Commit c069e1bb authored by Ben Anderson's avatar Ben Anderson
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# FEEG6025 Data Analysis & Experimental Methods for Civil and Environmental Engineering (Semester 1 2016-2017)
## Week 1
This folder contains the RMarkdown starter kit or template (week1RMarkdownStarterKit.Rmd) we developed during the practical session. Feel free to use it as a basis for future r code, reports etc. Also included are outputs as .md, .html, .docx and .pdf. These may not look identical due to the way knitr formats them but they have identical content.
If you want to re-use any of the code, read the [License file](!
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# RMarkdown Starter Kit
Ben Anderson
29 September 2016
# This a level 1 Heading
This RMarkdown document is an edited version of the default template that is created by RStudio when you create a new RMarkdown file.
## This is a level 2 Heading
## R Markdown
This is an R Markdown document. Markdown is a simple formatting syntax for authoring HTML, PDF, and MS Word documents. For more details on using R Markdown see <>.
When you click the **Knit** button a document will be generated that includes both content as well as the output of any embedded R code chunks within the document. You can embed an R code chunk like this:
## speed dist
## Min. : 4.0 Min. : 2.00
## 1st Qu.:12.0 1st Qu.: 26.00
## Median :15.0 Median : 36.00
## Mean :15.4 Mean : 42.98
## 3rd Qu.:19.0 3rd Qu.: 56.00
## Max. :25.0 Max. :120.00
## Including Plots
You can also embed plots, for example:
![Old style plot of pressure agianst temperature](week1RMarkdownStarterKit_files/figure-html/oldGraph-1.png)
We can try that again using ggplot2 to draw a prettier graph and a slightly amended pressure data-set read from a web server.
First we will load the data and check what is in the data table.
# ECHO is on (by default) se we can see the code that was run
# NB: this will fail if you do not have an internet connection (obvioulsy!)
# first use the fread function from data.table to load the .csv data from a website into a data table
pressure_DT <- fread("")
# check what's in the data table - there should be two variables
## temperature pressure
## Min. : 0 Min. : 0.0002
## 1st Qu.:100 1st Qu.: 0.2700
## Median :200 Median : 17.3000
## Mean :200 Mean : 200.3046
## 3rd Qu.:300 3rd Qu.: 247.0000
## Max. :400 Max. :1000.0000
Now build the new graph.
# now use ggplot to draw a graph of the new data. We will do this in two steps:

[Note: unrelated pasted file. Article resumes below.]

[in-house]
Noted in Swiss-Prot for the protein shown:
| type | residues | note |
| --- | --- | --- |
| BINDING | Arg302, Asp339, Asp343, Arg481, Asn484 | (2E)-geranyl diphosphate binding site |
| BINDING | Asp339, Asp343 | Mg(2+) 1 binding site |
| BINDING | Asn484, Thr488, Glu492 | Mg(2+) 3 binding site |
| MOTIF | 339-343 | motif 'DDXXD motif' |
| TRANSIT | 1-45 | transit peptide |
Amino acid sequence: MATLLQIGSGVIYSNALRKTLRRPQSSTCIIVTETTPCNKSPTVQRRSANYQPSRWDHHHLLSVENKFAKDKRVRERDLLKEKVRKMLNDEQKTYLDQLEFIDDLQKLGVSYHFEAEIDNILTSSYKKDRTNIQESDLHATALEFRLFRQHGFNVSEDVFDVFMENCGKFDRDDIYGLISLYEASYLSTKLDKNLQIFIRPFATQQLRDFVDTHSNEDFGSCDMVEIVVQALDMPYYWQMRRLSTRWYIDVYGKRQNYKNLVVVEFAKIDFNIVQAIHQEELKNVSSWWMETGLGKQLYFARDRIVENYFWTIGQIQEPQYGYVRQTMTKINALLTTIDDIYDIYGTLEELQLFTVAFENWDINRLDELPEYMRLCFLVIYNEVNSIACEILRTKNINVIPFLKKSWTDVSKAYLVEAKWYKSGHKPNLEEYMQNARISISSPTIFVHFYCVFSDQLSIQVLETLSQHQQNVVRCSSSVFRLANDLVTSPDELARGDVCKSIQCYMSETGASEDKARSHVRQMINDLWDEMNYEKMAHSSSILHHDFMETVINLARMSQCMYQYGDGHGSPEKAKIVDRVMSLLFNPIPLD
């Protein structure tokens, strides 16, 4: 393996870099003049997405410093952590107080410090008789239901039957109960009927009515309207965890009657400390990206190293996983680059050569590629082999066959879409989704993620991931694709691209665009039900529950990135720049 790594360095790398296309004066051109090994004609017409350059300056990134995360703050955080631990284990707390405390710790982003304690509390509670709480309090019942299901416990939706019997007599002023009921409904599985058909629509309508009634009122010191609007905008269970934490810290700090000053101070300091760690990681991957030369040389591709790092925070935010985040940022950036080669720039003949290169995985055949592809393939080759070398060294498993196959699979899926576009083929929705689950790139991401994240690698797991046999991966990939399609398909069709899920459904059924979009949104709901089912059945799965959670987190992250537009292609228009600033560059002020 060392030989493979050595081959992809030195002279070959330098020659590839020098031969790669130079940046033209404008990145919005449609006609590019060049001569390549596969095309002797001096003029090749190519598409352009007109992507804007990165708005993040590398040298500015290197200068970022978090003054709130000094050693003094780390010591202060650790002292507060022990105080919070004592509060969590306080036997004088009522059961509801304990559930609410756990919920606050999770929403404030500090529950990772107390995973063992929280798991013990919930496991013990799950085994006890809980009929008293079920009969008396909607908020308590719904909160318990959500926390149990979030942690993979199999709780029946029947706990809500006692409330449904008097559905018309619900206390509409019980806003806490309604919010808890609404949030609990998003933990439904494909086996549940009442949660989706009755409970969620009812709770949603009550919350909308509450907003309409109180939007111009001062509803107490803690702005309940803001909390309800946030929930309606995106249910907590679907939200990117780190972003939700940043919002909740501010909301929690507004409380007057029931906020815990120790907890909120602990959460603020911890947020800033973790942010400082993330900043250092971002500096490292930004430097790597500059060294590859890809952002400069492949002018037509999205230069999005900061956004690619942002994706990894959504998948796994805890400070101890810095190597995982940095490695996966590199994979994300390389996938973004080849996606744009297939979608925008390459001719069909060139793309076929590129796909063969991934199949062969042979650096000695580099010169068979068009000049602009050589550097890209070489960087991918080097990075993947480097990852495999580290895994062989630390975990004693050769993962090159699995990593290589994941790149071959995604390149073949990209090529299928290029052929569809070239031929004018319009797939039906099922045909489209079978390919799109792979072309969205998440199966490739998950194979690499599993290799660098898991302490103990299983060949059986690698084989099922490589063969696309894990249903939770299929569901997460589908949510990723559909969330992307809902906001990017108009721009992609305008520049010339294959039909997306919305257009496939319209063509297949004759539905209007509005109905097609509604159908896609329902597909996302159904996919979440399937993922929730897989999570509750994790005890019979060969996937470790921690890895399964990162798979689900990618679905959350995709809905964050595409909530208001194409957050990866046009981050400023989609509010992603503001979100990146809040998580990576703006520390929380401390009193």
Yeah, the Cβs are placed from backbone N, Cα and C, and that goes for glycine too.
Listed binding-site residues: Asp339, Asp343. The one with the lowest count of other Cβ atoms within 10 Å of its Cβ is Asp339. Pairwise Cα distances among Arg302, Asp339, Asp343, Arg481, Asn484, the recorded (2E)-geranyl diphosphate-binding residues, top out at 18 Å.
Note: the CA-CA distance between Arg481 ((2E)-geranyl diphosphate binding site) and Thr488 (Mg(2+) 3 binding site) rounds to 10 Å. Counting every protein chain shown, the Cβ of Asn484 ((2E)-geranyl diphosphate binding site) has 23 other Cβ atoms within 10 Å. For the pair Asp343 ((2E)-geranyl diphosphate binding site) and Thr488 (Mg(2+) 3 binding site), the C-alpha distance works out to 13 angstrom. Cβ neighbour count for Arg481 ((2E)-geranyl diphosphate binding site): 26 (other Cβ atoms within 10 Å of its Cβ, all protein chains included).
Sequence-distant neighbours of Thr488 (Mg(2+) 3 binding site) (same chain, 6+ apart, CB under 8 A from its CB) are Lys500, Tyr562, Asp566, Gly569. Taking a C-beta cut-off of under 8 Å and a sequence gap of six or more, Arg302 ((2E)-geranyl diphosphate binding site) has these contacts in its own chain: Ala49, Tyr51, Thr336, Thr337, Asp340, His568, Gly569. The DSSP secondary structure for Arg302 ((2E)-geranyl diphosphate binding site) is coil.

# 1: create the graph 'object'
myGraph <- ggplot(pressure_DT) +
aes(x = temperature, # this is the variable name from the data table that we want on the x axis
y = pressure) # this is the variable we want on the y axis
# 2: draw the graph
![](week1RMarkdownStarterKit_files/figure-html/newGraph-1.png)<!-- -->
Q: Why did we create a graph object and then draw it? A: So that we can add things to the graph object later. For example we can re-use the myGraph object but add a title and better labels:
# draw the graph again but with a new title
myGraph + labs(
title = "Observed relationship between temperature and pressure",
x = "Pressure (unit?)",
y = "Temperature (unit?)"
![](week1RMarkdownStarterKit_files/figure-html/newGraph2-1.png)<!-- -->
ggplot2 supports a wide range of options for manipulating axes, labels, titles, legends etc. The best resource for this is the ggplot2 book or (for the more experienced) the ggplot2 online documentation.
# Notes
Note that the `echo = FALSE` parameter was added to the code chunk to prevent printing of the R code that generated the plot.
# Embedding R in your text
This is how you embed R code in your text: 4 = 4 = 8.
We can use that to do helpful things like print the date and time when the code executes:
Code last run at: **2016-10-07 09:34:31**
Or the directory/folder that R thinks we are in:
Current directory: /Users/ben/github/FEEG6025/2016_2017/week_1
Both of these are very useful for checking when you last ran the code that generated the output you are looking at and where the code and the output were saved.
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